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Spirituality makes kids happier

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Spirituality is much more important in determining whether children are happy than it is for adults reports a new study by the Canadian University of British Columbia.

Researchers tested 315 children aged nine to 12, measuring spirituality and other factors such as temperament and social relations that can affect an individual’s sense of happiness.

Associate Professor of Psychology Mark Holder said the goal of the study was to see whether there’s a relation between spirituality and happiness.

“We knew going in that there was such a relation in adults, so we took multiple measures of spirituality and happiness in children.”

While spirituality typically accounts for four or five per cent of an adult’s happiness, 6.5 to 16.5 per cent of children’s happiness can be accounted for by spirituality.

“From our perspective, it’s a whopping big effect,” says Holder. “I expected it to be much less – I thought their spirituality would be too immature to account for their well-being.”

The research described spirituality as having an inner belief system but cautioned that spirituality is not religiosity, which is often more organized, and may be church-based.

Factors such as gender or money contribute very little to happiness, says Holder. “In fact, the contribution of money to happiness explains less than one per cent.”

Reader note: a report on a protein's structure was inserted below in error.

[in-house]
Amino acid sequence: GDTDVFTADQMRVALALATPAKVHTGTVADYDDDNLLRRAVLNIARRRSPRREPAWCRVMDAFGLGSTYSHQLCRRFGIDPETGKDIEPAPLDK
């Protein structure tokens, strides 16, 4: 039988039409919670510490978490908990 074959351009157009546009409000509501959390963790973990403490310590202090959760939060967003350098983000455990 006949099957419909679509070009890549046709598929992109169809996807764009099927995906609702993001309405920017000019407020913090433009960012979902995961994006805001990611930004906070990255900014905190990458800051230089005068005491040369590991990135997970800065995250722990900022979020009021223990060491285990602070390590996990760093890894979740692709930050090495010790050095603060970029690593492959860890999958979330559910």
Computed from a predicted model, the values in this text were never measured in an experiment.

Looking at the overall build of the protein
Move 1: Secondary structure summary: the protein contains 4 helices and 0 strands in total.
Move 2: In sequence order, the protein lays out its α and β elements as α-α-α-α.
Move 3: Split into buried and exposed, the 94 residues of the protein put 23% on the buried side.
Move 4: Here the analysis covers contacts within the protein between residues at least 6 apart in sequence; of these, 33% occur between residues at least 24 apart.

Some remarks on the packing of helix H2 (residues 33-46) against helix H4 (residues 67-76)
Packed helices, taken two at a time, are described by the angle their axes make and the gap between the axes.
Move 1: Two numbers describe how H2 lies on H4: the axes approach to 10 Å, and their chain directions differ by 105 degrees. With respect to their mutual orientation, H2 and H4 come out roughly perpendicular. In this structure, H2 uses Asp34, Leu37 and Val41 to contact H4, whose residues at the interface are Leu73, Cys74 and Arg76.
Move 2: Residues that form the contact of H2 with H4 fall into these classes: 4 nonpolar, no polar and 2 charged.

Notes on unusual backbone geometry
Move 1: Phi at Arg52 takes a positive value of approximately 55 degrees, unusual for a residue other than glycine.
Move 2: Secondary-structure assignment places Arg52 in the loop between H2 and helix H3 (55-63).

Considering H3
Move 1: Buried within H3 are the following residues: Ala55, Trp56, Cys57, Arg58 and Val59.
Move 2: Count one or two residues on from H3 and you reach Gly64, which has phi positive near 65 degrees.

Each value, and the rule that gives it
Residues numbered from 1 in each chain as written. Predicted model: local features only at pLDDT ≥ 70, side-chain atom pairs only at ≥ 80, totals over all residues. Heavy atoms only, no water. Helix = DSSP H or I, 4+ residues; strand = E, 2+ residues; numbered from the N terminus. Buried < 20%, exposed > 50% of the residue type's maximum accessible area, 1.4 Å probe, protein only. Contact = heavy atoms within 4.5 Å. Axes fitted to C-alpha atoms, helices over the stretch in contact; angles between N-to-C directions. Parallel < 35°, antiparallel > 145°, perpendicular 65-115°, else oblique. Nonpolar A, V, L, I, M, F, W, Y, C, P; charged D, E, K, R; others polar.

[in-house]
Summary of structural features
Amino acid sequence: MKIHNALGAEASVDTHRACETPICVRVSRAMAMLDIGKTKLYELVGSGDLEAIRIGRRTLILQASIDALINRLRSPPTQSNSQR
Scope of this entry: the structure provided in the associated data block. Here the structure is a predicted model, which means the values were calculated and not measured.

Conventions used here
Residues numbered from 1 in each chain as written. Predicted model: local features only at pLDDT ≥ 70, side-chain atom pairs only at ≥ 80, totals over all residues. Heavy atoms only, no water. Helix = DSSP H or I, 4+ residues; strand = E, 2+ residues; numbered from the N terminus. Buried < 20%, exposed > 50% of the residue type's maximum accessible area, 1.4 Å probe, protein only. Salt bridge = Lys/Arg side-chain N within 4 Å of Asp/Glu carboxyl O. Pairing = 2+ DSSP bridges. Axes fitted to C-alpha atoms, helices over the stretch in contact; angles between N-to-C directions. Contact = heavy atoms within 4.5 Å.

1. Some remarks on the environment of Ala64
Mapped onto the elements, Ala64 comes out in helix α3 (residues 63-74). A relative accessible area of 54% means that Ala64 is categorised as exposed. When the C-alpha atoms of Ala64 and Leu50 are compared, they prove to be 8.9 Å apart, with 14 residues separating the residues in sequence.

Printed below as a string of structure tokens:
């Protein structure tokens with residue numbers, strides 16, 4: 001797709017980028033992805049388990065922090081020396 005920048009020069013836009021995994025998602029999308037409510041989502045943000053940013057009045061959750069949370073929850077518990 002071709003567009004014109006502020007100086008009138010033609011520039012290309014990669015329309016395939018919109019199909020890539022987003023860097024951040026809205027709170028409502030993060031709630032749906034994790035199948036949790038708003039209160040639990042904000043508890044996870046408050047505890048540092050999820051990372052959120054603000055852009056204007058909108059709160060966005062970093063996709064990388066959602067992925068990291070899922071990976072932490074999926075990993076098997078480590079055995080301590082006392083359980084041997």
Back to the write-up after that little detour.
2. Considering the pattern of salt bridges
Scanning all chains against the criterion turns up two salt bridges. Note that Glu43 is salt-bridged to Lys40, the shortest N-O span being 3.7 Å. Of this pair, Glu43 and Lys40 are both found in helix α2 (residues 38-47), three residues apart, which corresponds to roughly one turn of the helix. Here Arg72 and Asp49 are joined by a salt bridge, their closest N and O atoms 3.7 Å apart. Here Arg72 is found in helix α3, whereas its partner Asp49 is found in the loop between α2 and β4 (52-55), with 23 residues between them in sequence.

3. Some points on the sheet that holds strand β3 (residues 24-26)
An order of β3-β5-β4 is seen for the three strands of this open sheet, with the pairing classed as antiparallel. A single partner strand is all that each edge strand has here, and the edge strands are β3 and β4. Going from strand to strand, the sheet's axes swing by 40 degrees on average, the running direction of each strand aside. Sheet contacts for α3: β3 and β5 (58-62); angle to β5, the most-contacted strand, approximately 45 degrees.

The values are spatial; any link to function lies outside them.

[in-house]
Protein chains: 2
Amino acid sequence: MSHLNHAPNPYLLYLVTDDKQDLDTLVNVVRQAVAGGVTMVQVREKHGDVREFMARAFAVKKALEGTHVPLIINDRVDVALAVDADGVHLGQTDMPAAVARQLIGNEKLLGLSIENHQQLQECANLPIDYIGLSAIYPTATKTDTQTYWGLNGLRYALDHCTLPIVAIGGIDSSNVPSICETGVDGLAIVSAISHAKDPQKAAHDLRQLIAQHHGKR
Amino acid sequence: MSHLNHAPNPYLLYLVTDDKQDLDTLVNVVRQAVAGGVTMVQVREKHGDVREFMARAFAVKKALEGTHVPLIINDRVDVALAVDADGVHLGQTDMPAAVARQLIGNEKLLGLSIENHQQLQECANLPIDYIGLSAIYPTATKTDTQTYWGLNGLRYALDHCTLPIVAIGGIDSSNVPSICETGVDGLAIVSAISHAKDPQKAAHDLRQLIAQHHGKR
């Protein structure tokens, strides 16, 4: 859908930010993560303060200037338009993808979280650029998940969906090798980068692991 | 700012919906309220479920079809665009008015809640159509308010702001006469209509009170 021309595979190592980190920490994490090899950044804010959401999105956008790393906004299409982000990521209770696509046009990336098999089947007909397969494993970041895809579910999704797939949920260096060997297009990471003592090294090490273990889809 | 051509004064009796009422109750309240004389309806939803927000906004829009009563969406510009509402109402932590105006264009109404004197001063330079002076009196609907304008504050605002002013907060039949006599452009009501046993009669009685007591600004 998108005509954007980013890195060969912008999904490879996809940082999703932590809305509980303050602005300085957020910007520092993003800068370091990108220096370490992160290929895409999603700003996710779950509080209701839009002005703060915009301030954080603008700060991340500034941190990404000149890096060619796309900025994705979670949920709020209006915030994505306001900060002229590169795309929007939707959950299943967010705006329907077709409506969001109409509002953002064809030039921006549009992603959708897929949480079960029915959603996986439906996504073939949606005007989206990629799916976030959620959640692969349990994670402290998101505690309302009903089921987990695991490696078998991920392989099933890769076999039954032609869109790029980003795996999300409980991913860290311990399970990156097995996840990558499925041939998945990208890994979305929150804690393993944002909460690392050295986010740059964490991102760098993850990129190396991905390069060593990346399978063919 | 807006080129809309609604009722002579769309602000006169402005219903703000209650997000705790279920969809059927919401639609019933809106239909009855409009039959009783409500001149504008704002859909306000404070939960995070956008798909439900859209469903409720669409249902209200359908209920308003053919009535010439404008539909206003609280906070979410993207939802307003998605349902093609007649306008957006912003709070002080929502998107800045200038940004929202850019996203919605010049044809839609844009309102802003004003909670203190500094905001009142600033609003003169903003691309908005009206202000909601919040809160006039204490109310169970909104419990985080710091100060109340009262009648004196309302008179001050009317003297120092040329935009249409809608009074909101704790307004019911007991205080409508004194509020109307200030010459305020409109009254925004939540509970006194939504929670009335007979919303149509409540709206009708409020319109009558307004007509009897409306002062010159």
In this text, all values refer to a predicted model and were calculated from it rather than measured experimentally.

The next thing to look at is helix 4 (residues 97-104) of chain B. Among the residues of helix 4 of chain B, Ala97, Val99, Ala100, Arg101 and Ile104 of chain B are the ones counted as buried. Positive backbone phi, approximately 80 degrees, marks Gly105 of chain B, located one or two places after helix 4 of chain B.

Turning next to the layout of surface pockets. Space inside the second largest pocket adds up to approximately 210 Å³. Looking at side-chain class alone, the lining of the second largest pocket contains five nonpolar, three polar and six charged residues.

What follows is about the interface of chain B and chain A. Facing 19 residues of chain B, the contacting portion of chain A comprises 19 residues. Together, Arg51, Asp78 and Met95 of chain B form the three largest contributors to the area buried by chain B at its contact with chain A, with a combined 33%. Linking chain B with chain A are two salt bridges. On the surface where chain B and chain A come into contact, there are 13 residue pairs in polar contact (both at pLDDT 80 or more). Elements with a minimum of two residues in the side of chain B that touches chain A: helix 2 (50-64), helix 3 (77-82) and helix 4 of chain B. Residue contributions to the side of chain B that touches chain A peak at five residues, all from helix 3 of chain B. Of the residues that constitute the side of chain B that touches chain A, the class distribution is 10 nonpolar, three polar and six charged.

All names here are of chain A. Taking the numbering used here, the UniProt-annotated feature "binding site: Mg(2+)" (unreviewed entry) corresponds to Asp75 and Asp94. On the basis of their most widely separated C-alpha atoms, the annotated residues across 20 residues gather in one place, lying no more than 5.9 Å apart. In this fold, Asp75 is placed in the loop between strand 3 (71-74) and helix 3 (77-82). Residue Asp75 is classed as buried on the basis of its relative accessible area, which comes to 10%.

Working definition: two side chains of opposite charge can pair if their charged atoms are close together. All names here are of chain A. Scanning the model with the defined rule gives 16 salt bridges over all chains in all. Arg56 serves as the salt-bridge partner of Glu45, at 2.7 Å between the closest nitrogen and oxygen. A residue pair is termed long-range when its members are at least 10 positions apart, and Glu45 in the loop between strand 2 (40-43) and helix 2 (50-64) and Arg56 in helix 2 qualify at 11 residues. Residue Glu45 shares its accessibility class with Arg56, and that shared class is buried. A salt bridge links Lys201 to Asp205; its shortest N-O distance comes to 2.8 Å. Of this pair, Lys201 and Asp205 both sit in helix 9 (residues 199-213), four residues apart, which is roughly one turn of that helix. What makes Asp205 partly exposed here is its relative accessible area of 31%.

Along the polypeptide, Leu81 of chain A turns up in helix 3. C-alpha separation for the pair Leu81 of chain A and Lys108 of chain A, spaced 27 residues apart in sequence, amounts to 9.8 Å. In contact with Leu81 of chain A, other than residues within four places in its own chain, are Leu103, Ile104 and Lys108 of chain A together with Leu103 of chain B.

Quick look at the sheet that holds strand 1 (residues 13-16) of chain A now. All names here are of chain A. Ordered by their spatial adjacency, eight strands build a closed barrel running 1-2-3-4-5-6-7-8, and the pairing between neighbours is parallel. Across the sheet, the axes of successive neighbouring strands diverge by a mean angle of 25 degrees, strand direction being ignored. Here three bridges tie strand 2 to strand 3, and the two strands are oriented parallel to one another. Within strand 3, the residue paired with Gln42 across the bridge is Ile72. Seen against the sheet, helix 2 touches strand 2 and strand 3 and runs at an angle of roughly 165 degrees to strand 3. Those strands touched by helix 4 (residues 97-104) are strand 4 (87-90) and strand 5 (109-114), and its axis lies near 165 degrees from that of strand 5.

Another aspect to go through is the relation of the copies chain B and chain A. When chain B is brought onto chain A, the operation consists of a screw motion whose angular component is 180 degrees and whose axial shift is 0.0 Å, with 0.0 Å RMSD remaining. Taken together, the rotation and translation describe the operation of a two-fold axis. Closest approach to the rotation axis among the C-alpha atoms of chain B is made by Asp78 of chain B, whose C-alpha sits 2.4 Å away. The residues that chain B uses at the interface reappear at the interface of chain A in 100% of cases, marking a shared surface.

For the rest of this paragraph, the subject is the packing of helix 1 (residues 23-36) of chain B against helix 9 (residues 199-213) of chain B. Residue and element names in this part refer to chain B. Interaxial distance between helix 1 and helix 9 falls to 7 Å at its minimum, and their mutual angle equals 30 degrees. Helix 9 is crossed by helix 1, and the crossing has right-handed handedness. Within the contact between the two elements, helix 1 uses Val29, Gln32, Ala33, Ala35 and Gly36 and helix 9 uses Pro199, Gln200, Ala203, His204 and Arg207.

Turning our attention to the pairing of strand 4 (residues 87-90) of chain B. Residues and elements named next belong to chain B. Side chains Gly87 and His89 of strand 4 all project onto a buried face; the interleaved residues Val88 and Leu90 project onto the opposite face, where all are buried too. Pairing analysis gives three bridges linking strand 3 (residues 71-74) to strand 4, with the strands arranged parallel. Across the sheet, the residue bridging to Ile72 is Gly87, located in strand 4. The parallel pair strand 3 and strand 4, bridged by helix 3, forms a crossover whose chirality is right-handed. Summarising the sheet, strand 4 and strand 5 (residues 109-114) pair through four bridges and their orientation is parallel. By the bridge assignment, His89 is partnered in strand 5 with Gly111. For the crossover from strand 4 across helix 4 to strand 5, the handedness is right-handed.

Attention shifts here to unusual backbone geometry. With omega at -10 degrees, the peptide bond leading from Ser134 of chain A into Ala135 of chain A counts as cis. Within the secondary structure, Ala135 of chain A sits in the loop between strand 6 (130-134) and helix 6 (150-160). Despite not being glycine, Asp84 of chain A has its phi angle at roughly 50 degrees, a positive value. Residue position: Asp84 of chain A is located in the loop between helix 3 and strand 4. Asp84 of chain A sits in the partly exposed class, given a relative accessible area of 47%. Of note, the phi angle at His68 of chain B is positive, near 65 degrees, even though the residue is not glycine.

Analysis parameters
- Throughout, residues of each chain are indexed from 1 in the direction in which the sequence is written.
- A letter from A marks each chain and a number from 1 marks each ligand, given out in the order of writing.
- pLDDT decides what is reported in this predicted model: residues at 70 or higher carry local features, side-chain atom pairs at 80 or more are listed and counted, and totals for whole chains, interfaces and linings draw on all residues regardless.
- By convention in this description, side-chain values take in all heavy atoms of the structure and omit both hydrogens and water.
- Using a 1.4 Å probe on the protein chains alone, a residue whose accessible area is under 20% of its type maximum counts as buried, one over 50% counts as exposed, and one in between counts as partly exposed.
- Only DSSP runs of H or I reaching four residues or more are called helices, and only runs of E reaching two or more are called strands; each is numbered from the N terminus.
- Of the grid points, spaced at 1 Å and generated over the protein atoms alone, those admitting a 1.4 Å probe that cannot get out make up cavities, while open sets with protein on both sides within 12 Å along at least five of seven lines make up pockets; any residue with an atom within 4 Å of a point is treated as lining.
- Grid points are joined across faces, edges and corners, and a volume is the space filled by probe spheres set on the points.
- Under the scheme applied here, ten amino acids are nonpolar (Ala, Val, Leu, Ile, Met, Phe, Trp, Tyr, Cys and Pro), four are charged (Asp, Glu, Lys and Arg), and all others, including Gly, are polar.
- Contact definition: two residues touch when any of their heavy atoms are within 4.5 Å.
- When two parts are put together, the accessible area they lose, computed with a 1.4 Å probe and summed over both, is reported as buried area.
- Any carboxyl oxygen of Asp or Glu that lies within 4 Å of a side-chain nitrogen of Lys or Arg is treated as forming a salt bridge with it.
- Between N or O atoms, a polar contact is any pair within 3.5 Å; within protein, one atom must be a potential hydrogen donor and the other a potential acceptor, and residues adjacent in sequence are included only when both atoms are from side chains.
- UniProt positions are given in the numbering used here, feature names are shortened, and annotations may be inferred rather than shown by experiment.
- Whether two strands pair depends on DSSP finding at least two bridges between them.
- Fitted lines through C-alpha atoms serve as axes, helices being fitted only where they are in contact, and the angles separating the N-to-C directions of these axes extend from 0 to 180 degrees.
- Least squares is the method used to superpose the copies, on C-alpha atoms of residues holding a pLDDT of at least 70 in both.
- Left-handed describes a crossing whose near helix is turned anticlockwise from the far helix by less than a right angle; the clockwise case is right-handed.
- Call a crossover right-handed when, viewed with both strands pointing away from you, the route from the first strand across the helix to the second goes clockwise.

They also found that whether children attend public or private school has virtually no impact on their happiness.

The researchers identified several possible reasons why spirituality and happiness are linked. Spirituality produces a sense of meaning, it stimulates hope, reinforces positive social norms, and can provide a social support network – all things that can improve a person’s well-being.

The team’s findings were presented at the World Congress on Psychology and Spirituality in India in January.

Research Assistant Judi Wallace said what they are learning is useful in their own own lives.

“At the dinner table, we ask our own children to list all the good things that happened that day. It’s actually pretty easy to increase the happiness of your family.”

“We do take the research personally,” Holder agrees. “It’s not just academic to us.”

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